By Rachel Corbett
Updated October 06, 2014
Credit: © Brooklyn CSA+D

You know CSAs. They’re the programs that set up shop in parks and school parking lots in your neighborhood, letting farmers sell shares of their crops to members—like an exclusive farmers’ market. The “A” in CSA usually stands for agriculture, but dozens of towns across America have tweaked the acronym for another worthy local cause: Community Supported Art. Art CSAs work just like traditional ones—except instead of picking up kale or radishes every Saturday, shareholders get locally made paintings and sculptures.

The idea appears to have taken root in Minneapolis, when the Walker Art Center hosted a Community Supported Art program on its grounds in 2010. Now, the co-organizers of that event, Springboard for the Arts and, are urging other cities to follow suit. And other cities are doing just that.

At Brooklyn’s Community Supported Art + Design, which is offering shares through October 15 (or while they last), $500 buys you six artworks; $250 buys you three. If you buy a share you won’t know what piece you’ll get ahead of time, but the organization has the 12 jury-selected artists on its website and has images of all their work that’s part of the CSA. This fall, shares could include anything from Jason Kachadourian’s wood and building–block wall sculptures to Florence Gidez’s finely textured architectural screen-prints to Satoshi Okada’s oil portraits. Artists will personally reveal the surprises to members at a pickup event later in the season.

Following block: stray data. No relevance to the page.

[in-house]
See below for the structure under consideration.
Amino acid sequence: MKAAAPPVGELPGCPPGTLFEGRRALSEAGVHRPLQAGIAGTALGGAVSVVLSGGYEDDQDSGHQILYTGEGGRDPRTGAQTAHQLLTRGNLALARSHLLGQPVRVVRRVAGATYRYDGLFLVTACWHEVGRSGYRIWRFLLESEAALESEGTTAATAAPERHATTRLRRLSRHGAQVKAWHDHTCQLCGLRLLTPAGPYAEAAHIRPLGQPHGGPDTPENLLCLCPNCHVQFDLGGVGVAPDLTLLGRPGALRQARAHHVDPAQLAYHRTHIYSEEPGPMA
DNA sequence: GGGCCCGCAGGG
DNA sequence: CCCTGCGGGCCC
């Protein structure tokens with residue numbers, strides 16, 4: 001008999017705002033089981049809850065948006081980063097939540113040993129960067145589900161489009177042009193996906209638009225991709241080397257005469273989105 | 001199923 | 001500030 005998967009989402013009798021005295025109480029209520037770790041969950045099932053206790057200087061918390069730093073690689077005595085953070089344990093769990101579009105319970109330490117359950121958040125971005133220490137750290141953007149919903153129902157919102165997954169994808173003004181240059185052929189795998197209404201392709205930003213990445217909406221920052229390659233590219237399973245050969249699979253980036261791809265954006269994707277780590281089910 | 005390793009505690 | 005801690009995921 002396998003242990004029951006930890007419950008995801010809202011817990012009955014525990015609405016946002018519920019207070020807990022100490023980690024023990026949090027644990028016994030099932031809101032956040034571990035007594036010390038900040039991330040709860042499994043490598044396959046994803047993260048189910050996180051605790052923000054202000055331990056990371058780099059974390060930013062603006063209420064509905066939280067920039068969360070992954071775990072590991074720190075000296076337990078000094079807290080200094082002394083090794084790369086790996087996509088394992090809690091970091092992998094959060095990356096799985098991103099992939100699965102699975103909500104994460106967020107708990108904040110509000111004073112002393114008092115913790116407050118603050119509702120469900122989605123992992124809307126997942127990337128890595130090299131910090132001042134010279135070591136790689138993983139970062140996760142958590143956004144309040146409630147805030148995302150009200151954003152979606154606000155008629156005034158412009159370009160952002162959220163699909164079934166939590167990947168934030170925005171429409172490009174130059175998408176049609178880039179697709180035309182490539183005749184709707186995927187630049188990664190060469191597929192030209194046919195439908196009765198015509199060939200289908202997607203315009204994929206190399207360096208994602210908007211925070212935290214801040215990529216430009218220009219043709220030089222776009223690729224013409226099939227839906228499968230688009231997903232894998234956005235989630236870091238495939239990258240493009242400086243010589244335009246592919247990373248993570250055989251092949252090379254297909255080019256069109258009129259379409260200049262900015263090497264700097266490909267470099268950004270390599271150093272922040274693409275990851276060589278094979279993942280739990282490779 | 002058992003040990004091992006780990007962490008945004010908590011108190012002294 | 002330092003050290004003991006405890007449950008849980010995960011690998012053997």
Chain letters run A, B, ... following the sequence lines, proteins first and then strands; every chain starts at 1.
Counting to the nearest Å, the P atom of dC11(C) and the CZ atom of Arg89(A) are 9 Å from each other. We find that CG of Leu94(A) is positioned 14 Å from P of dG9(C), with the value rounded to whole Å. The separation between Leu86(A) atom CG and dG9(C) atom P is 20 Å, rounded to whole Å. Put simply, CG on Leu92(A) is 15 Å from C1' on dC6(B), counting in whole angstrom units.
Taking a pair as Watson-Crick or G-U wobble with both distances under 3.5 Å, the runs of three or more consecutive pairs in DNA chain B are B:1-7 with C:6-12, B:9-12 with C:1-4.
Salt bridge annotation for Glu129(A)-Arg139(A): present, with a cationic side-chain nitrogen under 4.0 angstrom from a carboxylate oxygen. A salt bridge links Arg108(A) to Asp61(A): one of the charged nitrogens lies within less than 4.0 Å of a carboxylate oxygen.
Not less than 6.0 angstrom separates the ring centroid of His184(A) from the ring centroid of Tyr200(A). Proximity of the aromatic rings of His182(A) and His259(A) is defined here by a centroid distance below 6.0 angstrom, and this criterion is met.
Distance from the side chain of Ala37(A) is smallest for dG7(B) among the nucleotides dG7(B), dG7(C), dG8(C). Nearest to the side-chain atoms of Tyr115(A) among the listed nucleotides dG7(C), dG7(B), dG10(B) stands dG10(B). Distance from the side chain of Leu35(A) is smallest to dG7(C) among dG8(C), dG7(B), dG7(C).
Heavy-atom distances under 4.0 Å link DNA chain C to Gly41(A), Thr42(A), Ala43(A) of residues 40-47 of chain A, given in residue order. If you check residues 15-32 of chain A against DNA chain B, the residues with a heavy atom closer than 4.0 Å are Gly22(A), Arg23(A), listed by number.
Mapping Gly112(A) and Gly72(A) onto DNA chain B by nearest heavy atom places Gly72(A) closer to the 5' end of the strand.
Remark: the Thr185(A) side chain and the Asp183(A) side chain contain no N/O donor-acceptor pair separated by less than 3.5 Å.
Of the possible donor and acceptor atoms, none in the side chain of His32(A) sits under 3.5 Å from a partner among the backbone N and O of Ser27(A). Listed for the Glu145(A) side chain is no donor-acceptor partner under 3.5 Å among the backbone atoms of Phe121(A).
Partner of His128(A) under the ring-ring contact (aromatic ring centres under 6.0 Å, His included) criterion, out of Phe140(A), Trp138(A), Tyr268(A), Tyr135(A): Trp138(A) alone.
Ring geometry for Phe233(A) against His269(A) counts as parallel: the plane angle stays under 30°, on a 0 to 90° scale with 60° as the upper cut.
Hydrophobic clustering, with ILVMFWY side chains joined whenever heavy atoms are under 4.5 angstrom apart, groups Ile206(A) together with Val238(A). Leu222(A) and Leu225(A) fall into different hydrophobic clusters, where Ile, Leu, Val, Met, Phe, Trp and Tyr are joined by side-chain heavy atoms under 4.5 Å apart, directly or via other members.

Elsewhere, the Cambridge Center for Adult Education has a similar program under way that offers nine works by Massachusetts artists for $300, including ceramics by Maeve Mueller, origami by Sok Song and hand-painted plates by Eileen DeRosas.

Brooklyn and Cambridge are just two of many. More than 50 CSAs have sprung up around the country, drawing fans and shareholders from those other CSAs. “We have discovered that community members who love local food tend to love local everything,” write the founders of the first community supported art program in Minnesota. The claim could be true. According to one survey by the group, nearly half of all first-time CSA members have plans to buy more work from one of the artists in their shares.

To see if there’s a program near you, check this map.